Over the next 15 years, taxpayers will spend approximately $40 million to make sure that the last remaining herd of wild buffalo in the United States grows no larger than 3,000 head.
Why? On the surface, there is a simple answer: cows. But the controversy that surrounds the management of bison in Yellowstone National Park—more specifically, the management of bison when they leave the park and enter Montana—is indeed a complicated one.
It’s a controversy steeped in history, culture, politics, and deep-running emotions. And at its forefront is the Buffalo Field Campaign (BFC), an activist organization that has taken on the mission of ensuring the preservation of America’s last herd of wild buffalo. Opposite them stands a legion of government agencies: the Montana State Department of Livestock (DOL), the U.S. Forest Service, the National Park Service, the U.S. Department of Agriculture and the Montana Department of Fish, Wildlife, and Parks. Together, they are armed with a mandate from the Interagency Bison Management Plan (IBMP), a document that last December authorized government agents to take “measures to maintain temporal and spatial separations between bison and cattle” and sought to “establish population targets [of 3,000] for the bison herd.”
To understand that mandate, as well as all of the time and money that has been spent enforcing it, you have to understand brucellosis. A bacterial disease that causes pregnant cows to abort their first fetus can, if it spreads unchecked, bring a death blow to the ranching business, and Montana knows this all too well. It took more than 30 years and $33 million to eradicate the disease from the livestock industry in Big Sky Country. But since 1985, the state has officially been brucellosis-free, and according to the Department of Livestock, the return of brucellosis could cost the livestock industry billions of dollars.
The problem is, bison can carry brucellosis, and they migrate. In the cold winter months, they move out of the snow-covered higher elevations of Yellowstone in search of food. This path takes them across protective park borders and into Montana rangeland, where cattle graze in summer and fall. As a result, in the winter of 1996-’97 the state Department of Livestock slaughtered 1,083 bison that had wandered outside Yellowstone’s border into Montana, more than one quarter of the entire herd. The objective: to prevent the possible transmission of brucellosis from buffalo to cattle. The irony: There has never been a case of the disease being transmitted from bison to cattle in the field.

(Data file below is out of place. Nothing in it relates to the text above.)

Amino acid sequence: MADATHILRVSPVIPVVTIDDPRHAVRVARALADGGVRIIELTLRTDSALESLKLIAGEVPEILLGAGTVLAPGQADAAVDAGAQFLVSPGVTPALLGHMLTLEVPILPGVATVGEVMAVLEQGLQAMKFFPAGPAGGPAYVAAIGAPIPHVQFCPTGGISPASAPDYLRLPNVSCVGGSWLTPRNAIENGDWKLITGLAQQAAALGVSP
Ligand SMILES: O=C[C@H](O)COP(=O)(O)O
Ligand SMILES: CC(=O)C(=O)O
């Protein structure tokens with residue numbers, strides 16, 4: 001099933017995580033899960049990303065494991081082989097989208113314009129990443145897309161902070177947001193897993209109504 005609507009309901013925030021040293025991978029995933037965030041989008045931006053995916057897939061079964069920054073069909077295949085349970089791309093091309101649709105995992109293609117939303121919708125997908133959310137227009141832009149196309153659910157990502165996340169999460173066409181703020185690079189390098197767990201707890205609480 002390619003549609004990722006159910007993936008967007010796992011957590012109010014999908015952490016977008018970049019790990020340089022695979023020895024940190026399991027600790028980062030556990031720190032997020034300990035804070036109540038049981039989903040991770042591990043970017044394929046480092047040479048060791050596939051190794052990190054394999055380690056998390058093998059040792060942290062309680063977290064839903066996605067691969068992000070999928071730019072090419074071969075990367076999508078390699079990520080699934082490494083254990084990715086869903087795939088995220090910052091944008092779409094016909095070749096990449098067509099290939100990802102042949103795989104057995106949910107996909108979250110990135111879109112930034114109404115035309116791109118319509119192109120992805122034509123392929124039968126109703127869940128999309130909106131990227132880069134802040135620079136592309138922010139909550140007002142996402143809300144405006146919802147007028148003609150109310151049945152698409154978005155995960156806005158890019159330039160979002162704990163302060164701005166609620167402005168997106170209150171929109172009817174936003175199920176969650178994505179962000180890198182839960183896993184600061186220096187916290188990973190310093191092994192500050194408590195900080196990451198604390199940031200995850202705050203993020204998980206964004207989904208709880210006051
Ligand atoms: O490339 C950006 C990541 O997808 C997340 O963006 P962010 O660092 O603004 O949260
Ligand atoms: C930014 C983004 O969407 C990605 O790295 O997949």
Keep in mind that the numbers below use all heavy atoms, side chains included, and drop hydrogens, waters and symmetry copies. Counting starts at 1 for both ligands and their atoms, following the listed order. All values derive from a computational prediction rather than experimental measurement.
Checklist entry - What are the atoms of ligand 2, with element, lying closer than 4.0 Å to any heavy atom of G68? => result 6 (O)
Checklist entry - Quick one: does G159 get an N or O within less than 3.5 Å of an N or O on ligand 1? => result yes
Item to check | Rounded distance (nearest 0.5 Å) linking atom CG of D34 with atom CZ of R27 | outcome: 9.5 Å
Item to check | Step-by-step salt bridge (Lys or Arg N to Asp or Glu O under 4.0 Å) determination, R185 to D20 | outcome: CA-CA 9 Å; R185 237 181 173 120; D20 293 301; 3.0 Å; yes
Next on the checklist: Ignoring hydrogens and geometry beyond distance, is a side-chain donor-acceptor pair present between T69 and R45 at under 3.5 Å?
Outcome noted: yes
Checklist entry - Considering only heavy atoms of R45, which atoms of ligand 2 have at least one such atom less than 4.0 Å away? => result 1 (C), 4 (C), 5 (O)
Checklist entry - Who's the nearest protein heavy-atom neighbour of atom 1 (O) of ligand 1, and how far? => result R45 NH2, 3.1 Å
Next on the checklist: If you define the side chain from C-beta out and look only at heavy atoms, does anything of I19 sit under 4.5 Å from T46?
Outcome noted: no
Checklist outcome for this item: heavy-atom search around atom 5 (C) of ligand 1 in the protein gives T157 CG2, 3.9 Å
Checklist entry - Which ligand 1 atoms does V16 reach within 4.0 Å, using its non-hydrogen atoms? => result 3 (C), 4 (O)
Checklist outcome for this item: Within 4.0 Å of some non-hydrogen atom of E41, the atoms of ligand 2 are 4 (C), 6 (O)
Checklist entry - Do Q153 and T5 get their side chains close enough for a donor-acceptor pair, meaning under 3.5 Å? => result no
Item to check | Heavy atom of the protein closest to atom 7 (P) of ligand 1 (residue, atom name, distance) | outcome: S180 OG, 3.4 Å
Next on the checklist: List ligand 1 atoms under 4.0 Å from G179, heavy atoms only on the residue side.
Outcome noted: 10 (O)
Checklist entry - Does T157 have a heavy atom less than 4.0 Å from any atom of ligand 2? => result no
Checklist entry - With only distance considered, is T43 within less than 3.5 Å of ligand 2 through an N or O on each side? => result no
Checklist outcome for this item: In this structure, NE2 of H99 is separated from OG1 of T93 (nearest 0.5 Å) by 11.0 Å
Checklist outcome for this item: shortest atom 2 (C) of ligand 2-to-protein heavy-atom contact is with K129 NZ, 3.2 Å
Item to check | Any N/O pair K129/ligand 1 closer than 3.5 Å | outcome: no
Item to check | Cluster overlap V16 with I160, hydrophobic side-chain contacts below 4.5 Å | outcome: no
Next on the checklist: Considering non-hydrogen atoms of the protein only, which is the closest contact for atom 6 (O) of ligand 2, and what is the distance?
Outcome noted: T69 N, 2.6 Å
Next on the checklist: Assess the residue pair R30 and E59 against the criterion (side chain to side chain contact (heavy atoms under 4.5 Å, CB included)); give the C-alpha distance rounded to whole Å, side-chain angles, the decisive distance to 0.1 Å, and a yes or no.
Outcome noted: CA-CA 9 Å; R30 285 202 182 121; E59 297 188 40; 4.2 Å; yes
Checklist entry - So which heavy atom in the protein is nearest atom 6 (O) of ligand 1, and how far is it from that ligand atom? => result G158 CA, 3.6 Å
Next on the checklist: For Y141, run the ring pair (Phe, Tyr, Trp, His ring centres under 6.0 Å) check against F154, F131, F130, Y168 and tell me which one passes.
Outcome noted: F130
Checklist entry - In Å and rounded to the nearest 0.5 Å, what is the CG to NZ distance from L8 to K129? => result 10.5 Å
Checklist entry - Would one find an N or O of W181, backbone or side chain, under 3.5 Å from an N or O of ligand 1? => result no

The events of that winter sparked the formation of the Buffalo Field Campaign. Armed only with video cameras and a commitment to their mission, this loose-knit ensemble of activists in 1997 began to monitor buffalo and DOL agents alike around the clock.
From dawn to dusk of every winter day, these activists are in the field maintaining watch. For the rest of the year, based out of their rustic West Yellowstone home and offices, the Campaign pursues a combination of direct action, publicity, and research.
And there is little disputing that their efforts have been successful. After the harsh winter of 1996-’97, when more than 1,000 buffalo were slaughtered, only 11 were killed the following year. In 1998-’99, 96 buffalo were sent to slaughter, and 22 BFC activists were arrested in efforts to protect them. During the winter of 1999-2000, no buffalo were killed. But this year, armed with the new mandate, the DOL and cooperating agencies have been out in record numbers, and five buffalo have been sent to slaughter since January. Twenty-one activists from the Buffalo Field Campaign have been arrested.
For the bison, their self-appointed protectors, and the government agents, the future seems to hold more of the same. The official management plan for the Yellowstone bison calls for 15 years of culling the herd. Until then, it is safe to say that the BFC will continue to work in the field.